Wow, this was 3 years ago? I’m also surprised that your advice hasn’t been taken.

    Awesome work anyway, this is actually exactly what needs to happen – and keep happening (surveys, feedback, implementation & iteration/revision – constantly directing development). It’s clear above all else that development of blender is hindered most by the developers not being aware of their users (I noticed this in so many ways from the outset). Classic case of programmer psychology – “I know what people want better than they do.” Just FYI, if you’re a programmer PLEASE know that statistically you are about the absolutely worst person to understand the user experience or other people. This may not be true of yourself, you might be the diamond in the rough. But it will always be a positive thing to get input from others, listen very carefully & drop your ego.
    A good test is to ask yourself:
    -”Am I sure I know what I’m doing here with the user experience, workflow & UI?”
    -”How many times have you watched another person use your software to see how they use it”

    If you answered yes to the first question, then you aren’t the diamond in the rough. Get someone else to help you.
    If you also answered “I haven’t” to the second, once again, get someone else to help you.
    If both, please do the world a favor and stick to just the programming. Or be prepared to learn a lot.

    I feel also that the user experience isn’t really being looked at in the survey. For example the UI makes sense after you use it a while, but when you open up blender for the first while it is the most un-intuitive bit of software pretty much on the market and I feel users that get put off by this won’t be on this survey. I suggest watching some people user blender for the first time.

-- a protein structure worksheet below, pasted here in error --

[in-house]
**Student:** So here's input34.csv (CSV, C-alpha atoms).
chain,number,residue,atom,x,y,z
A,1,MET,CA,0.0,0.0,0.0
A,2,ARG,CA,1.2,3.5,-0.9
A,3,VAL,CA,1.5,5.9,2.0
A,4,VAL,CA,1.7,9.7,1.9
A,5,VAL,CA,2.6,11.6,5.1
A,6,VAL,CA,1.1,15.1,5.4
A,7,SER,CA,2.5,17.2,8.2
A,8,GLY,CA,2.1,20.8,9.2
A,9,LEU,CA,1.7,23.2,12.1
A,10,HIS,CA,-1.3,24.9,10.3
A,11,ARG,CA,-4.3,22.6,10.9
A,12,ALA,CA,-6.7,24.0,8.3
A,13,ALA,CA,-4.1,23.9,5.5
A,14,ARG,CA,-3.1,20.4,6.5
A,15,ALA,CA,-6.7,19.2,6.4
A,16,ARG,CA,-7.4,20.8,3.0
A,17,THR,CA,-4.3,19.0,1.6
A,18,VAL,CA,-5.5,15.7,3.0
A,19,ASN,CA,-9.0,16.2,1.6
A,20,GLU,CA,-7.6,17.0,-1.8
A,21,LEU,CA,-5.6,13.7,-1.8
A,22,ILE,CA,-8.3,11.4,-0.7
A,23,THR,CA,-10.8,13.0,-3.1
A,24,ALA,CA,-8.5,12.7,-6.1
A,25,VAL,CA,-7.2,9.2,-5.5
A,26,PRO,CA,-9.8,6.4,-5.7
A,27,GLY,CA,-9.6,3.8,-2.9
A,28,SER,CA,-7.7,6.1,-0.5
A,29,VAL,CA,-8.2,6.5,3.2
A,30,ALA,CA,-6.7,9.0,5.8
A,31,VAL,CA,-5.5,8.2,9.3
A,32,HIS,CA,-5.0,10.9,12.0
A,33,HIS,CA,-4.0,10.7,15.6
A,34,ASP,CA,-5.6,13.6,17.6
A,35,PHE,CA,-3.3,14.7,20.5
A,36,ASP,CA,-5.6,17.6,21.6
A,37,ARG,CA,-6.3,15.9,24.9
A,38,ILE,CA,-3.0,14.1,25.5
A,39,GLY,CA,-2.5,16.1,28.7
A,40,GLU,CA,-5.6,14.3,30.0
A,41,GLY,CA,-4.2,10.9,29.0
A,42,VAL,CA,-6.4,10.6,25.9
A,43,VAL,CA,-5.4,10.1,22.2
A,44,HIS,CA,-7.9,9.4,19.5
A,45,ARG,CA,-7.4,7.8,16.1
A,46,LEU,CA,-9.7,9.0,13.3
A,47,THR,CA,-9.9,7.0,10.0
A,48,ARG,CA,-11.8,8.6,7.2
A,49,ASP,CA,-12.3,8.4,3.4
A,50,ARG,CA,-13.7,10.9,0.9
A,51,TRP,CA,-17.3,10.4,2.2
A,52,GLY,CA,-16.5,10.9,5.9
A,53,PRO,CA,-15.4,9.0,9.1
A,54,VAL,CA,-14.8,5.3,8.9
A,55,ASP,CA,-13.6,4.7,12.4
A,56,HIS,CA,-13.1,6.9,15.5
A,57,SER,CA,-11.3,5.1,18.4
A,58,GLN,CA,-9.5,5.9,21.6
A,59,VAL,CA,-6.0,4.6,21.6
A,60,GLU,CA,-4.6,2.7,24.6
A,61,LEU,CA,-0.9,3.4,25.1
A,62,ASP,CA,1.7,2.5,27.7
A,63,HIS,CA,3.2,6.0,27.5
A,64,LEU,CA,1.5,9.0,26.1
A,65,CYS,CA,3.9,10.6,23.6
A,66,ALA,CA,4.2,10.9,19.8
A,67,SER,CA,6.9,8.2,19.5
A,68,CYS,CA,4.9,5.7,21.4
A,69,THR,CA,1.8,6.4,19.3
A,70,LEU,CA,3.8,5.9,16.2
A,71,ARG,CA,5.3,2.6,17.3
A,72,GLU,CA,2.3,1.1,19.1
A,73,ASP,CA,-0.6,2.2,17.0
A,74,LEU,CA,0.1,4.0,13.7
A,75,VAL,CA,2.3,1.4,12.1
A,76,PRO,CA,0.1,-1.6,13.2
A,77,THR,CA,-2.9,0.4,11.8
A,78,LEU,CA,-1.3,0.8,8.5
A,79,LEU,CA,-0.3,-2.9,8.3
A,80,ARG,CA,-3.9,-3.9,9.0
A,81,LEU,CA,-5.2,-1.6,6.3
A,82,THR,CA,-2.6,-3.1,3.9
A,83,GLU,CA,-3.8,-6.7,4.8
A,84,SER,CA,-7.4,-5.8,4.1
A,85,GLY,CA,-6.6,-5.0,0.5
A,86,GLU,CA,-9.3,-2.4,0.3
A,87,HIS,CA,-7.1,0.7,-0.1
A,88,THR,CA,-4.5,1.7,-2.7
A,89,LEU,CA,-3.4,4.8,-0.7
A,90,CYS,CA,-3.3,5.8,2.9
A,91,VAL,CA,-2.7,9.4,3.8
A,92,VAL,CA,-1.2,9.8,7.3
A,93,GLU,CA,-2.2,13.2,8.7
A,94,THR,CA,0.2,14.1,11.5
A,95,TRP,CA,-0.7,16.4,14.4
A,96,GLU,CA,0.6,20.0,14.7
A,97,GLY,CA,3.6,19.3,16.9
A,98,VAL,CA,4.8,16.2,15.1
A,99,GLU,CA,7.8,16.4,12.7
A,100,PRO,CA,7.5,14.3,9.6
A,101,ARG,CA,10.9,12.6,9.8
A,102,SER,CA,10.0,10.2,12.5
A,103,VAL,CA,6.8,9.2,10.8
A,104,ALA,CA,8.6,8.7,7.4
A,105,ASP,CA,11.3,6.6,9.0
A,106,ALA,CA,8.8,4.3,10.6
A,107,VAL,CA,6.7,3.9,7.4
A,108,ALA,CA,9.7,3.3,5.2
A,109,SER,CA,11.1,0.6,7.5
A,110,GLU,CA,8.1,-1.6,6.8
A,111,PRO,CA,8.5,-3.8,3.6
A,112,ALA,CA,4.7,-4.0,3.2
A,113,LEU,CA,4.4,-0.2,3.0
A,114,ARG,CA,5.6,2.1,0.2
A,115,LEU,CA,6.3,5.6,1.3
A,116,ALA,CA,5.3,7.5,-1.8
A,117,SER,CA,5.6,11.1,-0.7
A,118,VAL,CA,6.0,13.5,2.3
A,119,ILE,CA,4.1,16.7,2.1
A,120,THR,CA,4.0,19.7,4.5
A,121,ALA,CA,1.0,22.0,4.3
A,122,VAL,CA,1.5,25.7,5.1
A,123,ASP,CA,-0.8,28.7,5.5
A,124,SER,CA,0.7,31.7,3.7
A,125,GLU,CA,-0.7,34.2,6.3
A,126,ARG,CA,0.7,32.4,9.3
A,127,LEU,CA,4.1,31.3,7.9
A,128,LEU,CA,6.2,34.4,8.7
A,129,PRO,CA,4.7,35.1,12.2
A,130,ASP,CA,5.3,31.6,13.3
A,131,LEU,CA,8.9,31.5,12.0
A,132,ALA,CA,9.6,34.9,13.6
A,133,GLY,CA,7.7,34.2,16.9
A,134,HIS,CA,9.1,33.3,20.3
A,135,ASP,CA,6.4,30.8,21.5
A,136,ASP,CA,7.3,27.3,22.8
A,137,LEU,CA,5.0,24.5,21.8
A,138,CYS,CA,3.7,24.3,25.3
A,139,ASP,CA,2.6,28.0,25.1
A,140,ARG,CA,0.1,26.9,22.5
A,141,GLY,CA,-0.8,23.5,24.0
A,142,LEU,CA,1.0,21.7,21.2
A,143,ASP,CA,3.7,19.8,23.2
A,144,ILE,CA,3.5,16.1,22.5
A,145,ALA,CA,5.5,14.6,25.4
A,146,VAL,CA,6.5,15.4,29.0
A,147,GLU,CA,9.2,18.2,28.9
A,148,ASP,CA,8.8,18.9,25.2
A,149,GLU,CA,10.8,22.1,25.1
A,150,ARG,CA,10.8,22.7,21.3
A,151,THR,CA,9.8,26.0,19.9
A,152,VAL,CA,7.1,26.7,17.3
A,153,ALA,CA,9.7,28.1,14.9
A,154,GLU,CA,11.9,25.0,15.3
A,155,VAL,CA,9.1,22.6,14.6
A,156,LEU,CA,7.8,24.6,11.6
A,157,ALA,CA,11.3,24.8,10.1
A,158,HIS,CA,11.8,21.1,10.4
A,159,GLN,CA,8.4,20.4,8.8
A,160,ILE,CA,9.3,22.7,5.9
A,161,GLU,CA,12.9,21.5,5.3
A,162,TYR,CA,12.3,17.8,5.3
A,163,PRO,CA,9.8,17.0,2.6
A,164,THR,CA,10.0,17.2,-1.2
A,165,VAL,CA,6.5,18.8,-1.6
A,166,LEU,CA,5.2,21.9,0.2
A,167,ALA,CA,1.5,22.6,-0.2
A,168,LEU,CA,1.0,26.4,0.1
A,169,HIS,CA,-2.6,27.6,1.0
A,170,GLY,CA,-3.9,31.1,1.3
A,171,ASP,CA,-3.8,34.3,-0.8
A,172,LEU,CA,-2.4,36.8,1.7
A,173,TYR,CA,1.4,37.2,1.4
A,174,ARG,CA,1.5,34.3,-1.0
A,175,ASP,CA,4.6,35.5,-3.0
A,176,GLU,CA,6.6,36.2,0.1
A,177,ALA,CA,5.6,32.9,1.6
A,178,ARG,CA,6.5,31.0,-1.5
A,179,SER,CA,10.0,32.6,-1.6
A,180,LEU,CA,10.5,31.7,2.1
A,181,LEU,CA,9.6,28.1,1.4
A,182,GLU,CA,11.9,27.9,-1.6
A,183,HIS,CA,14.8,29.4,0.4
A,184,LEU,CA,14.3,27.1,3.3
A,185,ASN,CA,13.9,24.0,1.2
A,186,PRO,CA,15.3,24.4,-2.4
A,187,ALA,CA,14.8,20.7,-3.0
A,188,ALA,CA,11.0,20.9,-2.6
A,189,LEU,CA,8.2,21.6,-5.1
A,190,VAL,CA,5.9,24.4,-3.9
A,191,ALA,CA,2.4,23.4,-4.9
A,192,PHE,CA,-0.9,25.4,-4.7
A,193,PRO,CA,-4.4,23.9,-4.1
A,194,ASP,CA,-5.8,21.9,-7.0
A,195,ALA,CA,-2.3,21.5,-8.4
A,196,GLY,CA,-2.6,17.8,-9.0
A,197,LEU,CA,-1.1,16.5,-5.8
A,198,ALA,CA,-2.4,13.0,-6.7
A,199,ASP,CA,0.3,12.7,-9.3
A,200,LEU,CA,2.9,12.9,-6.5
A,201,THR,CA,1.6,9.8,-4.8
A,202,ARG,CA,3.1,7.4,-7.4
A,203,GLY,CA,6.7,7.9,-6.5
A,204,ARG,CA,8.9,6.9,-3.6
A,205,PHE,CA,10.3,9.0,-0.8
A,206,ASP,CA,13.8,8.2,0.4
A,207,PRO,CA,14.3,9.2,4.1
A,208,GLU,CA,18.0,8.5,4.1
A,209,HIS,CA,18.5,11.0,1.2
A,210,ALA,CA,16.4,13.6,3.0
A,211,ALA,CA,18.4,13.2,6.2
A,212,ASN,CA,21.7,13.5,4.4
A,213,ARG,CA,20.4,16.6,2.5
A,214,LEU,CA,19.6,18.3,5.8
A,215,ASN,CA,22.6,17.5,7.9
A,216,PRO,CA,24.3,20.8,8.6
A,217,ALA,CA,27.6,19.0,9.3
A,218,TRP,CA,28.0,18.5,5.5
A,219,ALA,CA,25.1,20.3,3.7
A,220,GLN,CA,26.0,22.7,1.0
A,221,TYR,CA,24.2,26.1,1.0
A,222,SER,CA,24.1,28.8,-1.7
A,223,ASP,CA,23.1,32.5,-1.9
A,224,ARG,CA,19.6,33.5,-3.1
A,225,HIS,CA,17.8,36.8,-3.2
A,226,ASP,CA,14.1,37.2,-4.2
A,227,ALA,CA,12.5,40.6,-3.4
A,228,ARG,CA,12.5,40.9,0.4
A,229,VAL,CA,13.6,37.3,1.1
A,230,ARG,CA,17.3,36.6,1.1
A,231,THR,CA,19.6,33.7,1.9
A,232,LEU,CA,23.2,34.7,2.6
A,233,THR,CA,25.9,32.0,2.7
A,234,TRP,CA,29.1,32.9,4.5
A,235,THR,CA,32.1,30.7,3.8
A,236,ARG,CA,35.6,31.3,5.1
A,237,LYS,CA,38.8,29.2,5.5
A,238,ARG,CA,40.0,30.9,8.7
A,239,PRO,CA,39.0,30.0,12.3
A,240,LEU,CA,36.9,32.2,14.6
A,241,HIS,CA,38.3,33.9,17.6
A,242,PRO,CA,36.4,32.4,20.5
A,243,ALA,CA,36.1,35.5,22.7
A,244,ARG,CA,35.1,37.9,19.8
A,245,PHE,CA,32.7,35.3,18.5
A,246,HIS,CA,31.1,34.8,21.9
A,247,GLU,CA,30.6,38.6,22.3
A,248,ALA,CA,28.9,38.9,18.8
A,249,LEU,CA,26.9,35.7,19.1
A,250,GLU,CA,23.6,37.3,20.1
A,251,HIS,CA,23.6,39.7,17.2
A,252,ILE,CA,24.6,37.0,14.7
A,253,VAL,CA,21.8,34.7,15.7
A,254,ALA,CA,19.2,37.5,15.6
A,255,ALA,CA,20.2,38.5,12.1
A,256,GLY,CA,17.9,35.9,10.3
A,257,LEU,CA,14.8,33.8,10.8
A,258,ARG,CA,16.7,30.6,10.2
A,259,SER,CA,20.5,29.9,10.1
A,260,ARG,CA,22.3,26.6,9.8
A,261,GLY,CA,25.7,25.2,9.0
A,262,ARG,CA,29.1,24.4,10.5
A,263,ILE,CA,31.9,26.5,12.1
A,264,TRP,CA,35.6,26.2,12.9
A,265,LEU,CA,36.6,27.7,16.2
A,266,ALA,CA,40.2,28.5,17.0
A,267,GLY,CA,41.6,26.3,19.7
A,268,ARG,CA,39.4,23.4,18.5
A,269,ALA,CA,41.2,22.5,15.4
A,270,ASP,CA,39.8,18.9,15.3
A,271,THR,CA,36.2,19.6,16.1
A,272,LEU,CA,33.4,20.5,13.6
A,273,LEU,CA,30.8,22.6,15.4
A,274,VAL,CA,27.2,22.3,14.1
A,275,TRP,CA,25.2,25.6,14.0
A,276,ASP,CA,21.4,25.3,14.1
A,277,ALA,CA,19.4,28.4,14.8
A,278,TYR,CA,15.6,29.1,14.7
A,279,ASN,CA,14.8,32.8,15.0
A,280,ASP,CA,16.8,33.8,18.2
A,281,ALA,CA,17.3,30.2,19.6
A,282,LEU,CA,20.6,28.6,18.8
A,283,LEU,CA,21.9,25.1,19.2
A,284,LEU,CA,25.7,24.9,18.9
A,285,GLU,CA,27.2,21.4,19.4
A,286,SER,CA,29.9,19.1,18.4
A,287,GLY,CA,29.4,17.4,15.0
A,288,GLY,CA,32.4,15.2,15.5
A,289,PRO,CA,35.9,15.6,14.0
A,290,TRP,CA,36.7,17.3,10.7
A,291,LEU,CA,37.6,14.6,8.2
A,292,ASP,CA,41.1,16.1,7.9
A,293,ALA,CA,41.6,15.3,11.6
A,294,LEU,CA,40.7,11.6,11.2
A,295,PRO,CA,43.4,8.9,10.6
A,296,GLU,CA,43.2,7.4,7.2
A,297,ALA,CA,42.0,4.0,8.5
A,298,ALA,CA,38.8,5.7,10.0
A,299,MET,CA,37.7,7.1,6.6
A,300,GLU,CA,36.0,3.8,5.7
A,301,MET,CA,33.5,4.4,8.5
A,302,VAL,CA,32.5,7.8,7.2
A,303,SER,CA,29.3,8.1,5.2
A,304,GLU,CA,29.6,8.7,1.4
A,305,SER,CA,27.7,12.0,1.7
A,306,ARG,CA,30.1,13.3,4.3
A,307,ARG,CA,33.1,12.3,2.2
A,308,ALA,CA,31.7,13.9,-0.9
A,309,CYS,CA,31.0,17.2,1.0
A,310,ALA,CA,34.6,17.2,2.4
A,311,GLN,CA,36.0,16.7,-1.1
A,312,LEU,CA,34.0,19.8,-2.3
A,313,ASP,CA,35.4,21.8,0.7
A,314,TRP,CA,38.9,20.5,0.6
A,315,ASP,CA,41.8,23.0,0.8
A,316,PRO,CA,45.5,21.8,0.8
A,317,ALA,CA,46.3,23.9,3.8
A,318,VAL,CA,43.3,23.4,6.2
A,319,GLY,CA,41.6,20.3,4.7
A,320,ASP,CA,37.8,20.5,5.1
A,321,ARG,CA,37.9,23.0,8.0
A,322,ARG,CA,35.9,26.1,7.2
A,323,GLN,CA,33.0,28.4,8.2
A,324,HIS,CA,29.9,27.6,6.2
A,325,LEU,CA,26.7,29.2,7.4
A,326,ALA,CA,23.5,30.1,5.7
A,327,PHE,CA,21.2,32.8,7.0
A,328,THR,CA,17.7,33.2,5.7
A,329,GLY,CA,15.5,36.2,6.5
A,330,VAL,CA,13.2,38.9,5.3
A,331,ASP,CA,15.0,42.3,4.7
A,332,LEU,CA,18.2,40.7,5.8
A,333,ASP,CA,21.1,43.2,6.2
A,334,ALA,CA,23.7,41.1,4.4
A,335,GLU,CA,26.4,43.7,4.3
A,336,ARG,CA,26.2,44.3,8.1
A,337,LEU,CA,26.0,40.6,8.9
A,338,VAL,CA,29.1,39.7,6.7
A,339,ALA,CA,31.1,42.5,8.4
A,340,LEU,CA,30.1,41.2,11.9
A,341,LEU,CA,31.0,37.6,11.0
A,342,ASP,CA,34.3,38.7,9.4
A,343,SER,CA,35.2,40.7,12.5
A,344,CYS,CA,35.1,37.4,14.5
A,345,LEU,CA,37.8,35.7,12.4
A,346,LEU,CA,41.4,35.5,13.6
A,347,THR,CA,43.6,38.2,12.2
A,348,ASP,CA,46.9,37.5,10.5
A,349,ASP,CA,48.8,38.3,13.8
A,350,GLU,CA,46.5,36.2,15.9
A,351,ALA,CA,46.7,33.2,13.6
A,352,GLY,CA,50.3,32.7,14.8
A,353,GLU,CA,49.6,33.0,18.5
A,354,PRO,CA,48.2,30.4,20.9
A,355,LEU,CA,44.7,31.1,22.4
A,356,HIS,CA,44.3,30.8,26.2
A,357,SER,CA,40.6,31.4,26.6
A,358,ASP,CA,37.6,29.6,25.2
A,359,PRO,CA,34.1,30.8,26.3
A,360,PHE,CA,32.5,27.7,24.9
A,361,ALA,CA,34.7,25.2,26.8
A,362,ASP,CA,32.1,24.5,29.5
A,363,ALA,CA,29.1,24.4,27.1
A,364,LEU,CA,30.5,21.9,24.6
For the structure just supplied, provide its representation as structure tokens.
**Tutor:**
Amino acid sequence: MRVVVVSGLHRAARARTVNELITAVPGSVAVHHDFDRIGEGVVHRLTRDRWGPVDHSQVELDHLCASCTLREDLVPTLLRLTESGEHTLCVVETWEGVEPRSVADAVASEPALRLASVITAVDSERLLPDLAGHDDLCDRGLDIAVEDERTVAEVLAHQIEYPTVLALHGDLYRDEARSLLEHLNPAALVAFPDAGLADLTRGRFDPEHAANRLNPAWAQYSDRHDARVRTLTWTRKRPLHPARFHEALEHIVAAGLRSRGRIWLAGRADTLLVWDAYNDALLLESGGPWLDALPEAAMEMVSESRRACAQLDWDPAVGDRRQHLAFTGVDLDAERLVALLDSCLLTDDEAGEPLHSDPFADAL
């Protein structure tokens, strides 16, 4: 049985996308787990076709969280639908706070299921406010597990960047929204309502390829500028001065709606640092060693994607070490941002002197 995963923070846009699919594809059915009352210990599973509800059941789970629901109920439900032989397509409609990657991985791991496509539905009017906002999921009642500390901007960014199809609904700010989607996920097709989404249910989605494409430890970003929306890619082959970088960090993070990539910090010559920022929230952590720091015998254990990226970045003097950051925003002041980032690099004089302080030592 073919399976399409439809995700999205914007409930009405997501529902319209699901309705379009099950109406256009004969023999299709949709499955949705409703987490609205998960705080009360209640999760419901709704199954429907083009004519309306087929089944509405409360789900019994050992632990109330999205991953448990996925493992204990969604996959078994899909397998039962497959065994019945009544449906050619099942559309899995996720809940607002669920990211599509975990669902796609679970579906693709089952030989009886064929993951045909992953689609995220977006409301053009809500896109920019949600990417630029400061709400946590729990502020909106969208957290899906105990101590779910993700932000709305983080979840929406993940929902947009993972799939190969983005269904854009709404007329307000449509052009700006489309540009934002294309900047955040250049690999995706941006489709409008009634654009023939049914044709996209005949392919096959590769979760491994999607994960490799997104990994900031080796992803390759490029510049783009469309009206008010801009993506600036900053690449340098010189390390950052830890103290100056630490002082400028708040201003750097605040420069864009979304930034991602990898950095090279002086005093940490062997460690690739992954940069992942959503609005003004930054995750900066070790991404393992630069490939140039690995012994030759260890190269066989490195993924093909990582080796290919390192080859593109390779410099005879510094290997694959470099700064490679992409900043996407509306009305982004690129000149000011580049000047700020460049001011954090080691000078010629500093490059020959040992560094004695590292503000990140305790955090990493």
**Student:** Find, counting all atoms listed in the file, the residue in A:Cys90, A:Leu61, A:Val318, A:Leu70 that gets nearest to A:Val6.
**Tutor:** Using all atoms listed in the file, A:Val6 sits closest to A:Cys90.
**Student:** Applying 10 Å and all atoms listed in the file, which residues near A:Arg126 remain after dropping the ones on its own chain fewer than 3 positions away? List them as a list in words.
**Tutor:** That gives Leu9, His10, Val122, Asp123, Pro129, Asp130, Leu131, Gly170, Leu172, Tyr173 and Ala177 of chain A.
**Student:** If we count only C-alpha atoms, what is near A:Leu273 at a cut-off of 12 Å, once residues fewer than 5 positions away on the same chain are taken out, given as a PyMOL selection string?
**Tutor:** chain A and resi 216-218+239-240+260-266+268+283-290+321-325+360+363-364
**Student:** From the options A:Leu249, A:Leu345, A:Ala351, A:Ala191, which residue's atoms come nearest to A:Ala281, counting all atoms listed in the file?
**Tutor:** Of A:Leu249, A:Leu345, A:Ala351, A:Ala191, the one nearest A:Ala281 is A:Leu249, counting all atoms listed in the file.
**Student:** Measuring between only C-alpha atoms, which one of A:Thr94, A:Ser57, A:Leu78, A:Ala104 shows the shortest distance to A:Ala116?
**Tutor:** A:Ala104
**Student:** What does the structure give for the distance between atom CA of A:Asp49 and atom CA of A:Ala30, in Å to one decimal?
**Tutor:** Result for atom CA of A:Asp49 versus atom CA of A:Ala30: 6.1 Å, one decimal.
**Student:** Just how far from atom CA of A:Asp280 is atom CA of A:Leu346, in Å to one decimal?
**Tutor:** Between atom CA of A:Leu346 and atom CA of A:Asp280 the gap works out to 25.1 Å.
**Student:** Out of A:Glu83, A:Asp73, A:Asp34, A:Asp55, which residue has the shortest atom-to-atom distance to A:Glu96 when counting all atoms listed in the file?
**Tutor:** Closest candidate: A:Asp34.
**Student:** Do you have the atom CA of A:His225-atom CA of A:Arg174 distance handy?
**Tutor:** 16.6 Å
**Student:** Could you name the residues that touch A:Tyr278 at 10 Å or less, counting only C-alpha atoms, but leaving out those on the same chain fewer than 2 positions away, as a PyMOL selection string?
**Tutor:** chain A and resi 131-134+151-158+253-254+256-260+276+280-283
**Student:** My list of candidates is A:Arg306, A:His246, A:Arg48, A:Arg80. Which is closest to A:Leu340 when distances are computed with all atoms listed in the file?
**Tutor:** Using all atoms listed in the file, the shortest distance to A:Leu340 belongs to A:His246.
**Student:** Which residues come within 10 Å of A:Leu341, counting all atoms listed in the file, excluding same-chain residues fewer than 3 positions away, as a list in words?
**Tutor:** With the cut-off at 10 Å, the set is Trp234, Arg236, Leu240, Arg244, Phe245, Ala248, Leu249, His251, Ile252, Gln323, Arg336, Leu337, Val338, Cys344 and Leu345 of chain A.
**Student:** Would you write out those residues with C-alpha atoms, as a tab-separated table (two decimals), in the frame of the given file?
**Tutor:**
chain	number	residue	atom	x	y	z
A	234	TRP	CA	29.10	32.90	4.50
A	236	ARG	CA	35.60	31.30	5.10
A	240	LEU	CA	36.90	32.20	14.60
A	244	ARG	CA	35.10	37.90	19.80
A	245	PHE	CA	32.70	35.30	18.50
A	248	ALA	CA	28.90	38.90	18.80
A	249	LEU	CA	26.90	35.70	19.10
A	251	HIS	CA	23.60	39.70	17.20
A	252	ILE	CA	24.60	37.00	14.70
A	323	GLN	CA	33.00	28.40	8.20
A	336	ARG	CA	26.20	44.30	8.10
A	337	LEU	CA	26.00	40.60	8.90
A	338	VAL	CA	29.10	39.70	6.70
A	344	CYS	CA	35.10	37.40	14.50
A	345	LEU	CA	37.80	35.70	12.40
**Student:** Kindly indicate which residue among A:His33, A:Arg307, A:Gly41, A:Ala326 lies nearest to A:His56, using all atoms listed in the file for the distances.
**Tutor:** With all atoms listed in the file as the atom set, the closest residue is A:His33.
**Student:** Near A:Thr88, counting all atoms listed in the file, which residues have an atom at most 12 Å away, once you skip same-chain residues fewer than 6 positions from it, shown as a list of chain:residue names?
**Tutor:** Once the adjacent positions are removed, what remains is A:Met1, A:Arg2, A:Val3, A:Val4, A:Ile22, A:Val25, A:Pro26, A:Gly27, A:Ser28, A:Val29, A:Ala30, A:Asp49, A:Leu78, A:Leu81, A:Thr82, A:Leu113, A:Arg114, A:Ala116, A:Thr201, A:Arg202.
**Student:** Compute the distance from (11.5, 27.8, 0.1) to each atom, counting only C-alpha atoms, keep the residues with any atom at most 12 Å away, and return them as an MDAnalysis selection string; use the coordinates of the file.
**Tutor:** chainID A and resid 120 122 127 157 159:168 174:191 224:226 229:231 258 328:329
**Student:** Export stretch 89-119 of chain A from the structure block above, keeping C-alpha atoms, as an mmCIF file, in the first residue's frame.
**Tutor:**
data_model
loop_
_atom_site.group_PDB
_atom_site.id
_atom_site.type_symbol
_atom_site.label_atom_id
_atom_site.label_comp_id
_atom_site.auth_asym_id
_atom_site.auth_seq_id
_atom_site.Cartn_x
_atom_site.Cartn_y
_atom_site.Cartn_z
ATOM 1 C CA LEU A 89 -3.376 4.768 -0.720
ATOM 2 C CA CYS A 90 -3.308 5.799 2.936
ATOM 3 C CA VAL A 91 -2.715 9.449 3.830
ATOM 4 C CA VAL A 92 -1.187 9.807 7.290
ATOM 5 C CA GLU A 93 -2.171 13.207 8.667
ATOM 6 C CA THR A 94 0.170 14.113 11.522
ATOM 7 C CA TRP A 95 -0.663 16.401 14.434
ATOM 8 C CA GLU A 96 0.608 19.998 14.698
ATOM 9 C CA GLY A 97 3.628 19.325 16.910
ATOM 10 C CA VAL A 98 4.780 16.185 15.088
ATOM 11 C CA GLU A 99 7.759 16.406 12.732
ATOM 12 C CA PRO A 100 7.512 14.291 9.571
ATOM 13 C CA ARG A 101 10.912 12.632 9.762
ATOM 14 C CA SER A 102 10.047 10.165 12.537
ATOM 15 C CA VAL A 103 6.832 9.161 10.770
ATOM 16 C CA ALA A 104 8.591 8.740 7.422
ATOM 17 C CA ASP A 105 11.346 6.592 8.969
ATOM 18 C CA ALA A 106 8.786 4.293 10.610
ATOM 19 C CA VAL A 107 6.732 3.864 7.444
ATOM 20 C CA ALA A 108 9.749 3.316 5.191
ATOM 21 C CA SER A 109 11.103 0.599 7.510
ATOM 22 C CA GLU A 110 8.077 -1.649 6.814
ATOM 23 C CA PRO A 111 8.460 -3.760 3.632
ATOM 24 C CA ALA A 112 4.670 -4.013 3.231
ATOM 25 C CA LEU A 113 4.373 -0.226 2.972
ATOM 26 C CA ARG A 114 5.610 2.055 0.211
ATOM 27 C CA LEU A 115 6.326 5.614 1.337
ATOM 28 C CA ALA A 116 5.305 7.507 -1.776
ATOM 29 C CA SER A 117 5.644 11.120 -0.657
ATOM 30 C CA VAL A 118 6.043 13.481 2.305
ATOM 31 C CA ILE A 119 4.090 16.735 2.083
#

There are ways to make workflow fast but not make it difficult to learn. It just involves watching new users and understanding what assumptions they make and understanding what they want to do.

    Unfortunately I can clearly see user acquisition isn’t important to the developers as there basically isn’t a single line of communication between developers and users. Which should be just about the most important thing for someone who truly understands product development. Developers do what they want, end of story.
    Is there a chance they can put you in charge haha? I think we would all be very grateful and many more people would use blender (just don’t go and get an ego yourself) :P

    • Alfy

      I have to apologize, I sounded way too harsh here! I think we all know how easy it is to get frustrated. Blender is in fact though, about the best open source free project out there and almost miraculous that it has come this far. I have only respect for the developers. All I really wanted to say is:
      -Blender needs improving (but hey, nothing is ever perfect).
      -With such a small amount of resources behind it, it will save time and create a better product by following strategies such as the ones Andrew has devised here.
      Very sorry for the double post!

  • Irrevenant

    Totally agree with almost everything you said, and disappointed the website still looks the same three years later. :(

    A couple of comments: